by Greg Spearritt
Howard Government ministers, following the erstwhile PM’s lead, were never big on apology. Of course, there was no apology to the Stolen Generations, but in other cases too a fundamental lack of human decency was evident.
Did the Tampa refugees ever receive an apology for the false and outrageous accusation that they threw their children into the sea? Did Philip Ruddock ever apologise for the brutality he and his Immigration Department visited upon innocent refugees, including children, by locking them up for years?
Now we have Ruddock, who as former Attorney-General was at the helm of Australian law-enforcement during the Mohamed Haneef debacle, declaring – along with then Immigration Minister Kevin Andrews – that there’s no need to apologise for the false imprisonment and defamation of Haneef.
The icing on the cake is the claim by Liberal attorney-general spokesman George Brandis that Kevin Rudd owes an apology to Kevin Andrews because he “clearly and repeatedly sought to trash Mr Andrews' public reputation”!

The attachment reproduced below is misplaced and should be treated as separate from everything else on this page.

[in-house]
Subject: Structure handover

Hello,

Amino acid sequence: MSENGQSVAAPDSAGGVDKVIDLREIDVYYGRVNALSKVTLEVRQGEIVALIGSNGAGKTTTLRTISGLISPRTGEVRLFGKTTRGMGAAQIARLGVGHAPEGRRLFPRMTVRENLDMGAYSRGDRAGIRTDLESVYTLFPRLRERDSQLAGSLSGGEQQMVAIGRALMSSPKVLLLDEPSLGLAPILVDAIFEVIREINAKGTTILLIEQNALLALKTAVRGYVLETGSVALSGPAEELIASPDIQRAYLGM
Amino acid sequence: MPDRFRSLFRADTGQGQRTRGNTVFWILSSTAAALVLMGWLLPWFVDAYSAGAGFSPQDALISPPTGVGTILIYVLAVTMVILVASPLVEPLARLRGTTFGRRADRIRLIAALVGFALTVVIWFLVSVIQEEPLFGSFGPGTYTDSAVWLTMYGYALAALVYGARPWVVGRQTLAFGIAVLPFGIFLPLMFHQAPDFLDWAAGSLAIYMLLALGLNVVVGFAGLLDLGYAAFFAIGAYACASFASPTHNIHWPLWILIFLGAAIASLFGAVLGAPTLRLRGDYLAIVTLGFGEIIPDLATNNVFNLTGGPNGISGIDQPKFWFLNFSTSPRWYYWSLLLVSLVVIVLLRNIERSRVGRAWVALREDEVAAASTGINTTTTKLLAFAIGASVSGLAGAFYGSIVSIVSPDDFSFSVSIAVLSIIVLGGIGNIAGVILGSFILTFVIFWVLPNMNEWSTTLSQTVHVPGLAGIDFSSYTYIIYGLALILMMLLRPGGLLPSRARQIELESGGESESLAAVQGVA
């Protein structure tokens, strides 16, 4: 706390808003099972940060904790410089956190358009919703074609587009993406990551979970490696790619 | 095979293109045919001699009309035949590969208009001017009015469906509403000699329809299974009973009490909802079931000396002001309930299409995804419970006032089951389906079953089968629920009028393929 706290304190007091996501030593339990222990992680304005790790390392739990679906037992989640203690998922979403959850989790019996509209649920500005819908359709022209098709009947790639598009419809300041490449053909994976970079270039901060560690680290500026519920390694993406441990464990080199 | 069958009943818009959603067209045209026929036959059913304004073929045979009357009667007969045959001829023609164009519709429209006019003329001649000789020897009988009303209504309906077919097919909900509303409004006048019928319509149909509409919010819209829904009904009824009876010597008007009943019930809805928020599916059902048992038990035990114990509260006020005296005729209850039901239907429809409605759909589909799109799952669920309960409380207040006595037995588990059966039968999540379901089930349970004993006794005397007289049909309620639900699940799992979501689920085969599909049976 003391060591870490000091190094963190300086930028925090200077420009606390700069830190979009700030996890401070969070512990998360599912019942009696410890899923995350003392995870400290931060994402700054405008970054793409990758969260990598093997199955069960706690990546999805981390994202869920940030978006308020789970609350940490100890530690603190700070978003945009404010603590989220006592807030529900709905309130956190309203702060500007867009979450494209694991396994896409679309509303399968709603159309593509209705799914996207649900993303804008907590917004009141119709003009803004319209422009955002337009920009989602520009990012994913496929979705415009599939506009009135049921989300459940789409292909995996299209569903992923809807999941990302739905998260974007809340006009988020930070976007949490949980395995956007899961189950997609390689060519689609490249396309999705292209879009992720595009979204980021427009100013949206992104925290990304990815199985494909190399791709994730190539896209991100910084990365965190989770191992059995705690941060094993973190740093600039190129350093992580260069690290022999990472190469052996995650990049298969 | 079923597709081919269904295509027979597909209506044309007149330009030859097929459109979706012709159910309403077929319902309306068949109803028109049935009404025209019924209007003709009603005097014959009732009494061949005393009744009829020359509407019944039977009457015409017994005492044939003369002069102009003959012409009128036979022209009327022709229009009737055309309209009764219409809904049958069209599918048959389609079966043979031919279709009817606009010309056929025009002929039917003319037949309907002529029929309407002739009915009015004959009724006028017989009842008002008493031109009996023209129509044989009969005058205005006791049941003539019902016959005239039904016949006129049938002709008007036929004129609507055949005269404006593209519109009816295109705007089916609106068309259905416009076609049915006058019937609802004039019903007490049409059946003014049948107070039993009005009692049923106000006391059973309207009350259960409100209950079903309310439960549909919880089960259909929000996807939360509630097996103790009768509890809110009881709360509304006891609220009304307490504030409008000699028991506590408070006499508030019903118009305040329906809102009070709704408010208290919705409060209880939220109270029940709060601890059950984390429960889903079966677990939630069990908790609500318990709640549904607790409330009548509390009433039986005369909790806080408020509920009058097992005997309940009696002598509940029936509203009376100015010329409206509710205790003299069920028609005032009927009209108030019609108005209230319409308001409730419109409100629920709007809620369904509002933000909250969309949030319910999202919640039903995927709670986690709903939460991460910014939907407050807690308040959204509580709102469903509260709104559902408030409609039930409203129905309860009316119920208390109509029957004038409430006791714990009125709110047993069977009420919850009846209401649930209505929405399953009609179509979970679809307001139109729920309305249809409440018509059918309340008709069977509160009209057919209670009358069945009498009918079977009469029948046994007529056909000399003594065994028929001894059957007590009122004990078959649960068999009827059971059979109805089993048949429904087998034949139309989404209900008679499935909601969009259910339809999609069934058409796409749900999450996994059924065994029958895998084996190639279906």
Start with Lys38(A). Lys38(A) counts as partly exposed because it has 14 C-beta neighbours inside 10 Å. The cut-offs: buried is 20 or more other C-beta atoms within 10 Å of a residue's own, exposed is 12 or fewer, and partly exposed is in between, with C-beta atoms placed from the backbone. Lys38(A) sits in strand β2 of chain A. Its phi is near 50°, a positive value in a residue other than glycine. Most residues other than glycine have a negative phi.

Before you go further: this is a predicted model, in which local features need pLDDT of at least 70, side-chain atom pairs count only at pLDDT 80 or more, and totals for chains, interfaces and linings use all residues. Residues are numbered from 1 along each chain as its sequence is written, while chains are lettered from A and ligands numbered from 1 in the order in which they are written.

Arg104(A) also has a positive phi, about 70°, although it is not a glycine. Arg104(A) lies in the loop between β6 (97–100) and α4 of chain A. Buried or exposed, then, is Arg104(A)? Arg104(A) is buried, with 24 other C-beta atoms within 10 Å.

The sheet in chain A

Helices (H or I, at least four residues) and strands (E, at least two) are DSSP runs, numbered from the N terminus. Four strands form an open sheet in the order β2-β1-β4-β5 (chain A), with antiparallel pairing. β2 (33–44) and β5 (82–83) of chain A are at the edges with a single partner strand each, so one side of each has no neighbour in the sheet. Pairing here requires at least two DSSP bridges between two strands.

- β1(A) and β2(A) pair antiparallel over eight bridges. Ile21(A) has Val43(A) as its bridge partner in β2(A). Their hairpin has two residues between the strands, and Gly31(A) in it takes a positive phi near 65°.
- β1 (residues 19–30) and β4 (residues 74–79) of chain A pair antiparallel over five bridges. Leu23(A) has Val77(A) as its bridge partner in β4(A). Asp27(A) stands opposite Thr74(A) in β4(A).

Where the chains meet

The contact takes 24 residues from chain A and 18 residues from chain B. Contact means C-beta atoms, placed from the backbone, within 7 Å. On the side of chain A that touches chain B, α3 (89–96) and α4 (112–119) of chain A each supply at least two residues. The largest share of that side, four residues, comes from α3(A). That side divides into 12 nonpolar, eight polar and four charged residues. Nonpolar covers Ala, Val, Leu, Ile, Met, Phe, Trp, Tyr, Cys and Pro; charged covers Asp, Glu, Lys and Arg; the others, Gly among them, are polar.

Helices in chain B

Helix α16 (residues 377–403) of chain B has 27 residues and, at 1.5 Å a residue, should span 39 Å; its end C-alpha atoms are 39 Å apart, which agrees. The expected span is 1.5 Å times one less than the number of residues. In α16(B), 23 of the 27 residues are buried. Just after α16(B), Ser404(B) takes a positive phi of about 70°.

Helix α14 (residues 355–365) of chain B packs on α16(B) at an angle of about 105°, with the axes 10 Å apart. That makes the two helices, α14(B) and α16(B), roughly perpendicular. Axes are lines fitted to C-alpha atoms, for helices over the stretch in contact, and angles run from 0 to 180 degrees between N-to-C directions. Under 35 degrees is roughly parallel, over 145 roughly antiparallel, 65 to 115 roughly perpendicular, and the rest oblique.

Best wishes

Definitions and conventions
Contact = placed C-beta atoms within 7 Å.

Andrews, Ruddock et al probably did think they were acting in the national interest by imprisoning Mohamed Haneef and revoking his visa. But now that they know it was wrong and unnecessary to do that, why not apologise for the harm caused? Unfortunately, as in the case of the refugees, a lack of human decency pops to mind…
Two thoughts on this:
1. Political apologies are usually not work the oxygen wasted in speaking them as they generally avoid a genuine acknowledgement of contrition for the wrong that has been done. It is always expressed in the form of being sorry for the hurt feeling, never for the wrong done or the harm inflicted.
2. Politicians also know that many of their supporters actually favoured the behaviour that led to the need for an apology. If you are trying to hold onto the preference votes of One Nation (and Nationals) supporters, you tend to favour being tough on "terrorists" and "illegal immigrants". Two very slippery terms which hide much more than they reveal. Never get between a politician and a potential vote.
Posted by Jim Norman